Angels manager Mike Scioscia points out that the Phillies indeed “were bottom-dwellers for how long?” when they handed Schmidt a job.
“Some young players just don’t get a two-year window to play at the major-league level and develop like Mike Schmidt,” Scioscia said …
“Coming up and getting playing time randomly here and there and not getting many consecutive at-bats, I didn’t put up very good numbers,” said Wood who would talk to his father during those stretches about feeling he needed to hit “800 feet worth of home runs” one day to get in Scioscia’s lineup the next.
“Playing every day, I was just playing baseball. … I had a chance to prove to myself that I had the ability to get hits and help a team win. I think that was a big hurdle for me because coming up you always have doubts. It doesn’t matter if you get two, three at-bats in a month – if you strike out all three times, you’re thinking, ‘Man, these guys are good. Can I play up here?’
“Once I got a chance to play every day and I did some things to help the team win … I enjoyed every minute of it and that was my motivation this off-season, to get back to that.”
We all saw how certain young hitters failed in last October’s ALDS against Boston because they were chasing bad pitches. That wasn’t because Scioscia or Hatcher made them chase bad pitches. It’s because they’re young and haven’t yet adapted to playing in a pressure environment.
I’m glad that the Angels’ beat writers are finally giving the world an accurate picture of how Contactball is taught in the minors. There will always be those who will lie about it because they get off on attacking a team they supposedly support. But the more the reporters write about it, and as the young hitters start to produce with experience and confidence, Contactball will be vindicated.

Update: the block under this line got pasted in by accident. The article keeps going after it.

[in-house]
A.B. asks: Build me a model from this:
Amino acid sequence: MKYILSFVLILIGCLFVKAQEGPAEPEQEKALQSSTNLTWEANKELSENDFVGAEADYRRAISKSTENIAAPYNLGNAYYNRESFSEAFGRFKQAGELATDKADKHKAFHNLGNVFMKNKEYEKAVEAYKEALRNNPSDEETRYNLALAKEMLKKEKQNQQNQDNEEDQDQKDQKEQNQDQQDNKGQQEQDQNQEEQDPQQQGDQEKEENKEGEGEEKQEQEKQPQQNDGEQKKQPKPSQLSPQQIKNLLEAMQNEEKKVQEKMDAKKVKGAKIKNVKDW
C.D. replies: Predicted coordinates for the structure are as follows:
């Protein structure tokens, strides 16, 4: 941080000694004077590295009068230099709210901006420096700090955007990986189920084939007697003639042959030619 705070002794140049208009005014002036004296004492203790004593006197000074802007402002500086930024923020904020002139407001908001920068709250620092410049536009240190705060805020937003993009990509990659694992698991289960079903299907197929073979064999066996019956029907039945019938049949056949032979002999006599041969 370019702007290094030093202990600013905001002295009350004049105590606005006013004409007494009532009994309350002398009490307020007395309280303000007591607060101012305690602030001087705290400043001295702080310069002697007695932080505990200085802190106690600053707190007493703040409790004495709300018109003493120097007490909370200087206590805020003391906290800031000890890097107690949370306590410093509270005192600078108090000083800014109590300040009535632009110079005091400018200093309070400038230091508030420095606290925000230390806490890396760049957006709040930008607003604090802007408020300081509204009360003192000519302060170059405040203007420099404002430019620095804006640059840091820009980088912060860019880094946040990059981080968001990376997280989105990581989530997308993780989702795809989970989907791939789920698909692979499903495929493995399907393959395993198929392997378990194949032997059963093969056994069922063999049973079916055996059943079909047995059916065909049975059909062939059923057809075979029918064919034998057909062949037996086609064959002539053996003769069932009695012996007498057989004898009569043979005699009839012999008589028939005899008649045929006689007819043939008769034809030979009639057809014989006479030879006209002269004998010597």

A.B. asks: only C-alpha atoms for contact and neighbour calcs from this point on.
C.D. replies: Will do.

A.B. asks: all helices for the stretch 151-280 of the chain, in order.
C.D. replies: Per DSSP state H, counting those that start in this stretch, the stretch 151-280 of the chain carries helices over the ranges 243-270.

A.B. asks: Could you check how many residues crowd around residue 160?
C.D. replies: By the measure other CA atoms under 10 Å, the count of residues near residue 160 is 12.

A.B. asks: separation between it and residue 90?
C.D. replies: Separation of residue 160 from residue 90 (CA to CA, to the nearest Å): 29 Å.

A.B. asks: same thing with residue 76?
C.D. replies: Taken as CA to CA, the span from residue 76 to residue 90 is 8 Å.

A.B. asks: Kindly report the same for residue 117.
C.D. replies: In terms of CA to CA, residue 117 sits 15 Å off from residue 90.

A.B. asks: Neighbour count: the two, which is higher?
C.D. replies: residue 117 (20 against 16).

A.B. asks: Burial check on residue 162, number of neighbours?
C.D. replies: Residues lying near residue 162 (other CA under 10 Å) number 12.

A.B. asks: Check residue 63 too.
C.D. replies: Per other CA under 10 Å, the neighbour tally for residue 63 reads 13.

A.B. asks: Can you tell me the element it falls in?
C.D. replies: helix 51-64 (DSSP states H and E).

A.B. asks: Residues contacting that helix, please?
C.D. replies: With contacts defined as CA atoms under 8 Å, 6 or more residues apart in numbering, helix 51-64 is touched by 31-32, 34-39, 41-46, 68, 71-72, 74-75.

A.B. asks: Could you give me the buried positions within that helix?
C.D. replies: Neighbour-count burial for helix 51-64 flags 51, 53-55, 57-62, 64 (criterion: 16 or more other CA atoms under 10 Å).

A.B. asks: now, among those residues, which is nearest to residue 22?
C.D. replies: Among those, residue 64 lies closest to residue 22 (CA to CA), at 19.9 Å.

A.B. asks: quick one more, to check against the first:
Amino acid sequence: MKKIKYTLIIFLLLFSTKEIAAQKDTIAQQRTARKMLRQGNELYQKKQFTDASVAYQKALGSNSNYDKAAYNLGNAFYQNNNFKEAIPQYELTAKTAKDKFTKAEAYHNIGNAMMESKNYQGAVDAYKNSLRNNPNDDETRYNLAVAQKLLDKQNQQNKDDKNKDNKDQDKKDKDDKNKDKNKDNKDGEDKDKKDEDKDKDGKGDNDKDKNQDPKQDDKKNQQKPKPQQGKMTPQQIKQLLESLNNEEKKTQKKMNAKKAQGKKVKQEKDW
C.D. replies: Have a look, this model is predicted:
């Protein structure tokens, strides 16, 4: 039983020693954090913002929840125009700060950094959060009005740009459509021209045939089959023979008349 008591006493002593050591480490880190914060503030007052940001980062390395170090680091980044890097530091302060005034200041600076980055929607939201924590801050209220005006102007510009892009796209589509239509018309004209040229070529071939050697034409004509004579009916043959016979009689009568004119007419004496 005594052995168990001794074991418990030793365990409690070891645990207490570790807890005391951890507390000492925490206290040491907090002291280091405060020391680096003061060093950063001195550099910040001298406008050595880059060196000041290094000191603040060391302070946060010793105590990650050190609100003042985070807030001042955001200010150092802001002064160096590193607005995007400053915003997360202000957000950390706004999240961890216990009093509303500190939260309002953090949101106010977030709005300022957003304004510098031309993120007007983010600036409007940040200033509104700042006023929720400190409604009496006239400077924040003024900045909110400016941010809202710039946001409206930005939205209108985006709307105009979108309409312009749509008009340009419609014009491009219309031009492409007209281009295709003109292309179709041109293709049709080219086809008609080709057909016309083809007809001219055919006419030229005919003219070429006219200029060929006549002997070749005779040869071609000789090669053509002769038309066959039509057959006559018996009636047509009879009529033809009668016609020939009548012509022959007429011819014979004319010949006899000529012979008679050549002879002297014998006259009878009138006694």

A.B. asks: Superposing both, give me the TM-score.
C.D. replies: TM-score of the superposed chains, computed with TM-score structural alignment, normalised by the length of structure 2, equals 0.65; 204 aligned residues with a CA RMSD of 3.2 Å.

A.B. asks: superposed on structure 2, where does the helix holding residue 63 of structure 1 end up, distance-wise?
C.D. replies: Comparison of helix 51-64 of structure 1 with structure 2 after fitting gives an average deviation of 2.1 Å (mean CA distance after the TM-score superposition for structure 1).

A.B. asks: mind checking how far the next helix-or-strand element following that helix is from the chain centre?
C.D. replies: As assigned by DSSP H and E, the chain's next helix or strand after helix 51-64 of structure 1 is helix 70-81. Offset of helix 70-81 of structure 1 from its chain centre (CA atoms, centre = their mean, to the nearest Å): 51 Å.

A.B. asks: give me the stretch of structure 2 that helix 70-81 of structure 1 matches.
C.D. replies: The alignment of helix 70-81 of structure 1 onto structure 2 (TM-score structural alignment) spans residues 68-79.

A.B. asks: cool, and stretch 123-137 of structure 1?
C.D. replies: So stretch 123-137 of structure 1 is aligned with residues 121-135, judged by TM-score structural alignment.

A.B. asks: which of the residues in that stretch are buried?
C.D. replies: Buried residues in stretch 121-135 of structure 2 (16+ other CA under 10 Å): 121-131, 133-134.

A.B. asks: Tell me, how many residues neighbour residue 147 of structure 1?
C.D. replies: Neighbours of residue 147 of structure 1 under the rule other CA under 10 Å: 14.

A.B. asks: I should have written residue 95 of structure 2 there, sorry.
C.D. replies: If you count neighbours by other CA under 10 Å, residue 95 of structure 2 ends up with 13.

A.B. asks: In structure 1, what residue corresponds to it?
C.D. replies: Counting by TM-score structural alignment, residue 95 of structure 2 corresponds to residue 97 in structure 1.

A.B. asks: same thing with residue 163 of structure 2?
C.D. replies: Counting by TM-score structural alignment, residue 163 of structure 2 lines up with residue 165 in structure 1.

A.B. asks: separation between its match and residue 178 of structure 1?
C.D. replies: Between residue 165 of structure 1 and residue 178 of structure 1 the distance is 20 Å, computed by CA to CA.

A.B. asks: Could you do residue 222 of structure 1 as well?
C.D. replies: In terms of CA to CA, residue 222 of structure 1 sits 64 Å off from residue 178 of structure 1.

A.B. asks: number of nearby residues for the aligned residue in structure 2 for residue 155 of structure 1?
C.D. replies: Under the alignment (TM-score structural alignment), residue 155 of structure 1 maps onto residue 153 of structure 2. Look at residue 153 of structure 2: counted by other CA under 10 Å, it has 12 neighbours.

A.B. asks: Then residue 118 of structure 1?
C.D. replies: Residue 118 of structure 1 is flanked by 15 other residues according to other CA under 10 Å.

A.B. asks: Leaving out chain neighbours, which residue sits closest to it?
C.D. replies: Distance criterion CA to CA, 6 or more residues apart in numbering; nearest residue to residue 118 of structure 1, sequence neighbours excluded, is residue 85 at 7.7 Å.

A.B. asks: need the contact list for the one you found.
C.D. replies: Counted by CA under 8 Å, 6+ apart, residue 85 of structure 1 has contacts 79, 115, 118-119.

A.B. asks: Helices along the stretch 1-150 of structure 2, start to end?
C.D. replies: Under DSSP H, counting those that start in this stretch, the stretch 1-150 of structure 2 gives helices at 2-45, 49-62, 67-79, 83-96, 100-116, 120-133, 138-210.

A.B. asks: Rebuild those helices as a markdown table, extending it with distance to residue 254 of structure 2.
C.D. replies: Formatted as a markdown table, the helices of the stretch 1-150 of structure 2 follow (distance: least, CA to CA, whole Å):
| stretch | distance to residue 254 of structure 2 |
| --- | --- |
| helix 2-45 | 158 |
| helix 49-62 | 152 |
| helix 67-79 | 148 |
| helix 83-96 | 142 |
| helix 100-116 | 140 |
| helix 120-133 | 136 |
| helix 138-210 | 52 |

UPDATE March 5,2009 3:30 PM PST — The Orange County Register joins the fray with this article by Bill Plunkett about how the Angels will go about improving plate discipline.
Angels hitting coach Mickey Hatcher said the emphasis includes some directives this spring for the younger players based on certain scenarios — take a strike when leading off an inning, see as many pitches as possible in your first at-bat against a pitcher, lay off breaking balls and change-ups to “keyhole” on fastballs in certain areas.
“It’s going to take us time but this spring training we’re really going to focus on that, especially down there with those (minor-league) guys,” Hatcher said. “They don’t even know what a pitcher’s throwing and they’re swinging. We preach it and preach it and we weren’t getting anything done with it. Now we’re going to make it mandatory.”
And Scioscia validates what I wrote yesterday.
Scioscia rejects the notion that a “wail and bail” approach is part of the team’s hitting philosophy.
“That’s not a philosophy. That’s a plate-discipline issue that some guys got a little out of what they need to do,” Scioscia said. “If you look at what our philosophy is in the minor leagues, it’s very clear. It’s all about getting into a hitting count, keyholing, getting a good pitch to hit and turning the bat loose, sure. But with the plate discipline that allows you to get into counts where you can pressure the pitcher.
“Our philosophy is very clear. Some times there’s a perception out there that I don’t know how it gets created.”